As noted earlier, Ahmedabad, Thiruvananthapuram, Lucknow, Guwahati, Mangalore, and Jaipur are the six airports that have been privatized till date under PPP. Two of these airports- Mangalore and Thiruvananthapuram are in the south (Kerala and Karnataka), one is in the north (Lucknow -Uttar Pradesh), one in North East (Guwahati – Assam), and two from the west (Ahmedabad -Gujarat and Jaipur – Rajasthan).
Except in 2012-13, Ahmedabad airport has been reporting profits. Its profit rose from Rs. 32 crores in 2013-14 to Rs. 177 crores in 2017-18. In 2018-19, the profit dropped to Rs. 52 crores. Meanwhile, Thiruvananthapuram airport, reported loss in three of the years. However, from a loss of Rs. 23 crores in 2016-17, the profit increased to Rs.142 crores in 2017-18. In 2018-19, the profit dropped to Rs.81 crores. Lucknow airport witnessed profits only in three years between 2015-16 and 2017-18. Guwahati airport had recorded losses up to 2015-16. In 2015-16, a profit of Rs. 8.66 crores was reported which further rose to Rs. 37.09 crores in 2016-17. In 2017-18, the airport reported a loss of Rs. 8.12 crores and in 2018-19, a profit of Rs. 30.59 crores was reported. Jaipur reported a profit only in 2017-18 while in the other years, it has been reporting losses. Similarly, Mangalore airport too reported profits only in 2016-17 (Rs. 34 Lakhs only) and 2018-19.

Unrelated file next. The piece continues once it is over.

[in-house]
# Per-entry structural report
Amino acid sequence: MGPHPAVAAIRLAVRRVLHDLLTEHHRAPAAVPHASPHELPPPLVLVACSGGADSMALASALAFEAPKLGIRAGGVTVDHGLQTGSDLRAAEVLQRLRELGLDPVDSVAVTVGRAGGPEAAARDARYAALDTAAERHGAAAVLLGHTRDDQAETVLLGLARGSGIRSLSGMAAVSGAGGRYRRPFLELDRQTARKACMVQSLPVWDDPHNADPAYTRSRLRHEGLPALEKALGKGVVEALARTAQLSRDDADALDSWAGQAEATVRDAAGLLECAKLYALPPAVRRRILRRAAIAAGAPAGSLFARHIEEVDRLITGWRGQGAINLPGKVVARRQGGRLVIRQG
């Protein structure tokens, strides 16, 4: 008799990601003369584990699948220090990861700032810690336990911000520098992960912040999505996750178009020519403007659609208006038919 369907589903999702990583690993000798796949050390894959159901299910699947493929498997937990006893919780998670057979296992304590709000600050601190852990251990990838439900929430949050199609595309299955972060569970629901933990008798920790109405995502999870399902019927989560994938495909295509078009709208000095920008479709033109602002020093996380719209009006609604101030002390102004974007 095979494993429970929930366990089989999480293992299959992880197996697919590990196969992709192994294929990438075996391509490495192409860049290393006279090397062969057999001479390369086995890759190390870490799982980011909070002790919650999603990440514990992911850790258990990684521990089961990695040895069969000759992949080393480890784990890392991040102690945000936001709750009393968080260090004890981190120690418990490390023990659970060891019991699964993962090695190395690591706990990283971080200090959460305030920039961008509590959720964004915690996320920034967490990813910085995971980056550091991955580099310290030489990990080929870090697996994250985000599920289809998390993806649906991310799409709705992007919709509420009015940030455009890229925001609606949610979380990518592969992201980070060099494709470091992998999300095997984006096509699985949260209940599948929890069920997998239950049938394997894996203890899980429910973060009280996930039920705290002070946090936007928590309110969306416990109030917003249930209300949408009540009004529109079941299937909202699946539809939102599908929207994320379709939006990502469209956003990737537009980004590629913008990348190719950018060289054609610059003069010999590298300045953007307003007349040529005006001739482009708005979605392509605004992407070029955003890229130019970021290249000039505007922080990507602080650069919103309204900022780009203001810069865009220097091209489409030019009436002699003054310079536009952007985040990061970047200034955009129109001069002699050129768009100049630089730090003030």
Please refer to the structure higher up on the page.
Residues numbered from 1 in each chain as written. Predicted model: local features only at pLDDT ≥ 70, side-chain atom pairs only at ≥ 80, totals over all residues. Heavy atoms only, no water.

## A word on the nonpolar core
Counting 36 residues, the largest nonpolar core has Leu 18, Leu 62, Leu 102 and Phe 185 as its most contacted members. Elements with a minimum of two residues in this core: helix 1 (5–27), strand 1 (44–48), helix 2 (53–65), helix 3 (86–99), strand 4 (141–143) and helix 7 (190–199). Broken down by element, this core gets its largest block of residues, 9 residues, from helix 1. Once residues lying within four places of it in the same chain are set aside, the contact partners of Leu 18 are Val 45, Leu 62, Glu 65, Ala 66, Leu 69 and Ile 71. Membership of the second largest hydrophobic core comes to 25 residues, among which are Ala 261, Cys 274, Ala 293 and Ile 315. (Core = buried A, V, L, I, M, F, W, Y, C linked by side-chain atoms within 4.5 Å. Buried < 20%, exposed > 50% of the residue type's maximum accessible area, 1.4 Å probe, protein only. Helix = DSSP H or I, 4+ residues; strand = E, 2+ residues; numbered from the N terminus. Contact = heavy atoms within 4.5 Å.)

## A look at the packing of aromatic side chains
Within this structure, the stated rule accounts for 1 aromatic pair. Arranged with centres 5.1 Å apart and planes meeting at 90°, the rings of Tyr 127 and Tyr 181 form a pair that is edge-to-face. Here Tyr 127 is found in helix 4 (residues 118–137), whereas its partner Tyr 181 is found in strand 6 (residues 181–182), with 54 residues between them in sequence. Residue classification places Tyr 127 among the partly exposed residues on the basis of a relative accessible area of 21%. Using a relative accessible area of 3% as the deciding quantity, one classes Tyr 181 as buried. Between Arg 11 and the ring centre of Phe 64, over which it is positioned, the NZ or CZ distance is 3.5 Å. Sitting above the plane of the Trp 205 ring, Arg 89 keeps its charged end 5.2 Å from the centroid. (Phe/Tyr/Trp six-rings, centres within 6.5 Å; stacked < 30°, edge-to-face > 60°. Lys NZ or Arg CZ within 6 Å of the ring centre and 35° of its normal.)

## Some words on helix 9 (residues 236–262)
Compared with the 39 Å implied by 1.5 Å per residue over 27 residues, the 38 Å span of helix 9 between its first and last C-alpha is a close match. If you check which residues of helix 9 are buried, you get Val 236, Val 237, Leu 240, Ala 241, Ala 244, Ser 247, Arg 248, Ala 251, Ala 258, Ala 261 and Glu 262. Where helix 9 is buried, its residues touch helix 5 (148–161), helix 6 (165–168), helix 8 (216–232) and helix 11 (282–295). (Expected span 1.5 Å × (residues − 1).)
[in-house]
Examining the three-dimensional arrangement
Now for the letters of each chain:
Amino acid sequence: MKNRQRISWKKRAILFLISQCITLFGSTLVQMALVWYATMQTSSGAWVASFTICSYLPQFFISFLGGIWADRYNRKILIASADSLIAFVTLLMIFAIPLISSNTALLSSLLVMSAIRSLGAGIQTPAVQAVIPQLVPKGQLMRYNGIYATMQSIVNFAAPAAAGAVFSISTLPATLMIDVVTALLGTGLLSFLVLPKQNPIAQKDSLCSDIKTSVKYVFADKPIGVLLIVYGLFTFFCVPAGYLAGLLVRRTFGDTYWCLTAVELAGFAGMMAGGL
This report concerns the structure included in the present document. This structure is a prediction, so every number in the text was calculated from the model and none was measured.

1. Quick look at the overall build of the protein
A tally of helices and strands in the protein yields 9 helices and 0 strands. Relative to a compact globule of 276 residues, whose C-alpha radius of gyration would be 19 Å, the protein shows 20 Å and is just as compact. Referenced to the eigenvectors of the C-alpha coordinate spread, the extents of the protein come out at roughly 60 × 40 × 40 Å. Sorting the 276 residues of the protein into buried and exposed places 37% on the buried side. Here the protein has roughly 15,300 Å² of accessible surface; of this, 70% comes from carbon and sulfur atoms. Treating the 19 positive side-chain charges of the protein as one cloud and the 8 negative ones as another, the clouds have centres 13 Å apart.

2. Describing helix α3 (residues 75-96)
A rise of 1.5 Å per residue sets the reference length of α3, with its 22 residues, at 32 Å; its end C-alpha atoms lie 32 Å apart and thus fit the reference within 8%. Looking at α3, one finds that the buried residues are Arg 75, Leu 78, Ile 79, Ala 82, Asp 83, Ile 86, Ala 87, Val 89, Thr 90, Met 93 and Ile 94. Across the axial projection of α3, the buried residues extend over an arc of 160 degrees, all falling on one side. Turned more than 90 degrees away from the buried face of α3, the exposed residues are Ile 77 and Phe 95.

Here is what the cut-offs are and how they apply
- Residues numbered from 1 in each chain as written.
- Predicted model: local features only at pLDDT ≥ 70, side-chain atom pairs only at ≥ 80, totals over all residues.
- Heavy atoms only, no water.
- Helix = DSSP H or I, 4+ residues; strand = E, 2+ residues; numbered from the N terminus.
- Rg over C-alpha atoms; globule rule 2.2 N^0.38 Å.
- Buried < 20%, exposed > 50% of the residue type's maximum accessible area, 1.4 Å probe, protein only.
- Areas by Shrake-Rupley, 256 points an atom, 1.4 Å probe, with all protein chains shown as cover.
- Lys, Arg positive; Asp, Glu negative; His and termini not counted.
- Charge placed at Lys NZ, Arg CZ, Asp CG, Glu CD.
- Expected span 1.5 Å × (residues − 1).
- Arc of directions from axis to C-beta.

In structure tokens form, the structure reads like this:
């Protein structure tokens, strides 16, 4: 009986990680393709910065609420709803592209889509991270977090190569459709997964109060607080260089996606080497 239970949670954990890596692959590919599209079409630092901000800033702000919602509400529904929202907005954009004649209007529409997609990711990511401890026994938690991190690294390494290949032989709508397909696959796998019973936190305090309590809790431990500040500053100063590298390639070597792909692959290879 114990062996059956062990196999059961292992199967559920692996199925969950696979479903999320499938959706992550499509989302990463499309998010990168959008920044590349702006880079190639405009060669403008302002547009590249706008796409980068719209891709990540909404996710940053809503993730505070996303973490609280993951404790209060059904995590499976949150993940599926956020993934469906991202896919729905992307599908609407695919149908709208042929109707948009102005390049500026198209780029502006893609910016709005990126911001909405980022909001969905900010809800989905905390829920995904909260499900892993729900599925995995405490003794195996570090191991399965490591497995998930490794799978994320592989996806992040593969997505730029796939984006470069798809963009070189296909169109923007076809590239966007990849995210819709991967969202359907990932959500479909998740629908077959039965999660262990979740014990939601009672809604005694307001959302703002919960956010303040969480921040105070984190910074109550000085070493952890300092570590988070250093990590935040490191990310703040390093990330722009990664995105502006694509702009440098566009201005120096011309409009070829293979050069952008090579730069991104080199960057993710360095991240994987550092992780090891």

Government has given multiple reasons for losses
The government has mentioned multiple reasons for the poor financial performance of airports. These include low air traffic movement which has resulted in lesser aeronautical revenue, low non-aeronautical revenue potential, and basic operating expenditure on account of regulatory/IATA and security requirements.
The Government announced various steps that it has been undertaken to overcome these losses such as development of cargo activities, enhancement of non-aeronautical revenue through rate revision, award of contracts through master concessions, and allowing operation of flying schools at non-operational airports. Encouraging maintenance, repair and overhauling activities, revision of base rates, are some of the other measures. The UDAN scheme, introduced by the government with the objective to increase air traffic at these airports, is a step in the right direction.
Under Atmanirbhar package, government will be easing restrictions on Indian Air Space
On top of these mounting losses, the COVID-19 pandemic is set to take a heavy toll on all the aspects of aviation include airport operations. The government has announced easing of air space restrictions in a bid to provide relief to the sector, under the fourth tranche of Atmanirbhar Bharat Abhiyan. The move is expected to bring about a benefit of Rs. 1000 crores for the aviation sector through reduced fuel usage, travel time, and more optimal use of air space. Further, the government also announced that the taxation on maintenance, repair and operations will be rationalized, in order to make India the hub for aircraft maintenance.